So moving on from that, I would asset that Augustine, with the support of Ambrosiaster’s question may have read something into Gen 3 that Gen 3 doesn’t teach and therefore could have missed the mark. The logical fallacy of the argument from authority is the belief that someone who is an authority on something can’t be in error about it. And so it is wise to weigh things up on this.

        So – to echo the valid question Ambrosiaster posed, “are all humans sinful because of Adam’s sin, or do all humans sin in the same way that Adam and Eve sinned in the garden?” Scripturally there does seem to be a narrative initially of God punishing generations that followed for the sins of the fathers and mothers. But then later God not doing so, rather any judgement and disciplining he makes being on the basis of the sin of the individual. I would be inclined towards positing that all humans sin in the same way that Adam and Eve did rather than the alternative.

        So what does Jesus have to say? Consider if you will, what he said about a doctor attending to those who are sick and him not coming for the righteous but for sinners. Well, he was turning things the right way up in context when he did this. The so-called righteous Pharisees that looked down on him for associating wiht so-called “sinners” were motivated by celebrity status – being greeted in the marketplace and seated in high places. It was easy for them to point the finger. And in doing so the irony being of their pride in looking down on others, including Jesus. Whereas the so-called sinners that welcomed and listened to Jesus were doing what was right in accepting him into their lives.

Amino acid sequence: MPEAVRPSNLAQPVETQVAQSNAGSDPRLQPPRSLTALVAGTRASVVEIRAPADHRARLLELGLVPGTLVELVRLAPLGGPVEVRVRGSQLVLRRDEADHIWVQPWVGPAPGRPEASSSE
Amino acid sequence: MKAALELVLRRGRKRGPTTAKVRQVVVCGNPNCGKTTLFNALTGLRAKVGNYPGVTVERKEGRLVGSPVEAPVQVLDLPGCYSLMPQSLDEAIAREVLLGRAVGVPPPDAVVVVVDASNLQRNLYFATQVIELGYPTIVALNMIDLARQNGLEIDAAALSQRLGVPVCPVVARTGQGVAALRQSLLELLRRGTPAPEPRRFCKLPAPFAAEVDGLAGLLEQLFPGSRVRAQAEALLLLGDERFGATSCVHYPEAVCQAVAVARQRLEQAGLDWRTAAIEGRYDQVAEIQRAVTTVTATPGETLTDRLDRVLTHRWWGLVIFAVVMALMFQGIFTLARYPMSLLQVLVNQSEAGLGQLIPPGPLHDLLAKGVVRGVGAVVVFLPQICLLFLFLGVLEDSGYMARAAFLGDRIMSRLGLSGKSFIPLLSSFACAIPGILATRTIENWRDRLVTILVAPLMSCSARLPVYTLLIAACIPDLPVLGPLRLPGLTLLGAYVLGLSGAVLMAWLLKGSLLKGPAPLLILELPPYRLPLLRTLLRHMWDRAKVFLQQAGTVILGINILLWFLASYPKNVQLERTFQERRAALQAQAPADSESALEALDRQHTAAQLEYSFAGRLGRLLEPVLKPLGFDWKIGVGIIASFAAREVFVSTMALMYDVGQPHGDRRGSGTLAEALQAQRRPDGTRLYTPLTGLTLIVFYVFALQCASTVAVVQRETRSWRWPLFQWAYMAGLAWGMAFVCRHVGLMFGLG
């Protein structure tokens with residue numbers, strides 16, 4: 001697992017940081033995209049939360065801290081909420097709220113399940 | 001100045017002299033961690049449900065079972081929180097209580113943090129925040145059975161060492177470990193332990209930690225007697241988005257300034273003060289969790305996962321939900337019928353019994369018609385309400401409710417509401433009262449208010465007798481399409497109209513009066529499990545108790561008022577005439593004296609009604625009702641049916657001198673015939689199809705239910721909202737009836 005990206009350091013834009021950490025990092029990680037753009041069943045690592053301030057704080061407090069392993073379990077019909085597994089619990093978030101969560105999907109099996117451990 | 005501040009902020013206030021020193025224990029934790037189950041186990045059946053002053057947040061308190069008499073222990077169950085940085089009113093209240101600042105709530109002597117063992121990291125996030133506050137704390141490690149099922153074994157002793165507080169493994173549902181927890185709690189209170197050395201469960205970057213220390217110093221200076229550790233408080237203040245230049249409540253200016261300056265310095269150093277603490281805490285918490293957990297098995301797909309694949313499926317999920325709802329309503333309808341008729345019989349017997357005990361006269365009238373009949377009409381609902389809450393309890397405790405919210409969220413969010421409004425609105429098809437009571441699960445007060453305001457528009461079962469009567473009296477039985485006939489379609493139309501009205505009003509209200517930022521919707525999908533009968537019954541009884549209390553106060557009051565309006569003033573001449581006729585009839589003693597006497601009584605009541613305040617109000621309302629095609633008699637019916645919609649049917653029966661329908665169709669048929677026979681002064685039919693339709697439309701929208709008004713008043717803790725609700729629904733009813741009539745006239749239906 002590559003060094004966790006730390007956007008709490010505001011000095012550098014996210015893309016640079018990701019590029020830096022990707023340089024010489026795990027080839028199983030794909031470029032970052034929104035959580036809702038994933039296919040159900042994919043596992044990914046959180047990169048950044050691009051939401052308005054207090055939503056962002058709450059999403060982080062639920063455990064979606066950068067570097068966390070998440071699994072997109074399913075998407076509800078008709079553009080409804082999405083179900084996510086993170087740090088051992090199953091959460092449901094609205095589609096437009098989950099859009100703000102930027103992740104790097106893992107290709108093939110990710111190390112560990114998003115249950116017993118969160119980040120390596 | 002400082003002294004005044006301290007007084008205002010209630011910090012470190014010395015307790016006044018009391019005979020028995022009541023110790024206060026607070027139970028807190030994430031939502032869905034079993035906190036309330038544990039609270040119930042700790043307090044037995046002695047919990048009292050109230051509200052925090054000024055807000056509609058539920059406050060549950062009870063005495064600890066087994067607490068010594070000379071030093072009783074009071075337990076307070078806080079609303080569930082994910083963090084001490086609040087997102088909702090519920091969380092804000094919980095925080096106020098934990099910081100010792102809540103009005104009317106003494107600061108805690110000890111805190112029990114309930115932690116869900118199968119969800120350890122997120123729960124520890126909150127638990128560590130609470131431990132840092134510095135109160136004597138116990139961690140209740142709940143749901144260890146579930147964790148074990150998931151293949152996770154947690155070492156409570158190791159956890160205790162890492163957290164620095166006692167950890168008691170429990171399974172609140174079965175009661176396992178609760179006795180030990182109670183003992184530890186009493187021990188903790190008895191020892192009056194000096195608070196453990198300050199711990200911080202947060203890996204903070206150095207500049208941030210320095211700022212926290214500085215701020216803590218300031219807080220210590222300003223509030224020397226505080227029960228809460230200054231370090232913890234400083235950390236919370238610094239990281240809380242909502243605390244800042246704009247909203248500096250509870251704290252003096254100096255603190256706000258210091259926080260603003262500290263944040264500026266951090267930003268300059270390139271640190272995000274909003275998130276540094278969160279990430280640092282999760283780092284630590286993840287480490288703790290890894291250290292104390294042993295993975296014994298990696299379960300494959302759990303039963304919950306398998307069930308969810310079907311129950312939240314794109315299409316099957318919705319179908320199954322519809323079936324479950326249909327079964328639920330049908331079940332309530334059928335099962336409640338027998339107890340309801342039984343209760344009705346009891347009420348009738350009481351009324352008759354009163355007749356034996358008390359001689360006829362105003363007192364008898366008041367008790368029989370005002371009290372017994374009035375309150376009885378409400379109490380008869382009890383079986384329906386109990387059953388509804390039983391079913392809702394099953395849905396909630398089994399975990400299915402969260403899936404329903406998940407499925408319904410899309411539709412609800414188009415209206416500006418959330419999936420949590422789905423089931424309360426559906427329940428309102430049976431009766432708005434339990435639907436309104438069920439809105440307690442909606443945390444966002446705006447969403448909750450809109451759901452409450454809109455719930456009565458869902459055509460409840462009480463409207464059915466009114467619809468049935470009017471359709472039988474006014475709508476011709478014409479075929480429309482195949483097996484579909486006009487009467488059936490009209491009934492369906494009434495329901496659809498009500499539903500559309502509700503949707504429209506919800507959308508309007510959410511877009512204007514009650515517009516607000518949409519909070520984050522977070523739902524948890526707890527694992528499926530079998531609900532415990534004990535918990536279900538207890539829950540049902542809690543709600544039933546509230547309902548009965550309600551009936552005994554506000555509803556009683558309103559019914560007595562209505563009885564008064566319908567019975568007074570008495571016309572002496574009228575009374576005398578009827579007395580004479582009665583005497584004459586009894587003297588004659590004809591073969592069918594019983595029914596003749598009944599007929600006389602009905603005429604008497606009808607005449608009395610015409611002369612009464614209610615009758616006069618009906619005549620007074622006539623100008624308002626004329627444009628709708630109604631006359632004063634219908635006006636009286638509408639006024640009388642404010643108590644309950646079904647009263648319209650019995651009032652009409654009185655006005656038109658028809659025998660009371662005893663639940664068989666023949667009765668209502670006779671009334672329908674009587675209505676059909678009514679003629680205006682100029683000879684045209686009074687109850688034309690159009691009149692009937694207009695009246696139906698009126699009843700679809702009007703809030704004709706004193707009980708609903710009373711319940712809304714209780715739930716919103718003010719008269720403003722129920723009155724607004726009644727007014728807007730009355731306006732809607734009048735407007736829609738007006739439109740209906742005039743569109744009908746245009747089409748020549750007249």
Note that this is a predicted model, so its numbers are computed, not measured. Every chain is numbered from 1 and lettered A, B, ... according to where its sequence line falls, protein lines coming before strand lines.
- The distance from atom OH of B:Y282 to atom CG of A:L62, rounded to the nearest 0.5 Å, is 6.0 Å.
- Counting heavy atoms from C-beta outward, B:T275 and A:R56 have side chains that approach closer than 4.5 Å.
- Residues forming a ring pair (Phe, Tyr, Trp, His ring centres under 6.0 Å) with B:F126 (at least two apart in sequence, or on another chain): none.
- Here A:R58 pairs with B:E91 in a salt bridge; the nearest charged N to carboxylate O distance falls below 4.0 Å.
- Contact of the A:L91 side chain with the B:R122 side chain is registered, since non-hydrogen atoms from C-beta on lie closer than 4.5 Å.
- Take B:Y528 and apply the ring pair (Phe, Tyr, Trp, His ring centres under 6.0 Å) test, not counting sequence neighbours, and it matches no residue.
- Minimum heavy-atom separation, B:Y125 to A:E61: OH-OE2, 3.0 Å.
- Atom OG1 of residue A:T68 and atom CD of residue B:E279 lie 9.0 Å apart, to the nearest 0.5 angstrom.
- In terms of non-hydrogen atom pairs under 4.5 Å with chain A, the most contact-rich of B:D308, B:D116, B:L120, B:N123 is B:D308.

So therefore Jesus was through their own free will able to attend to healing. On the other hand the Pharisees would not let him do so. God resists the proud and gives grace to the humble.

        So in the genesis account, things started off well with God creating humanity and seeing it was good. Then Genesis 3 came along wiht Adam and Eve sinning by disobeying God and eating form the tree of knowledge with the consequences of death entering the world. And the good news of the gospel of Jesus being that he came so all may have life in the fullest and by dying and being resurrected he overcame death – putting things right again.

        And so of course no-on is without sin – this much is obvious. But the good news is that this is not where it ends. So getting back to the gist of your original post David. Yes there ought to be concerns about leaders and a weighing up of their speech and actions. And where they are inconsistent with being in Christ, then to follow what Jesus directed about Pharisees with doing what they say and not what they do. I would offer also similar be appropriate for figures that carry authority in our church history and great though many of these are and un-Pharisee like in lots of ways they are like all of us not without flaws and therefore there being a need to carefully weigh what they say.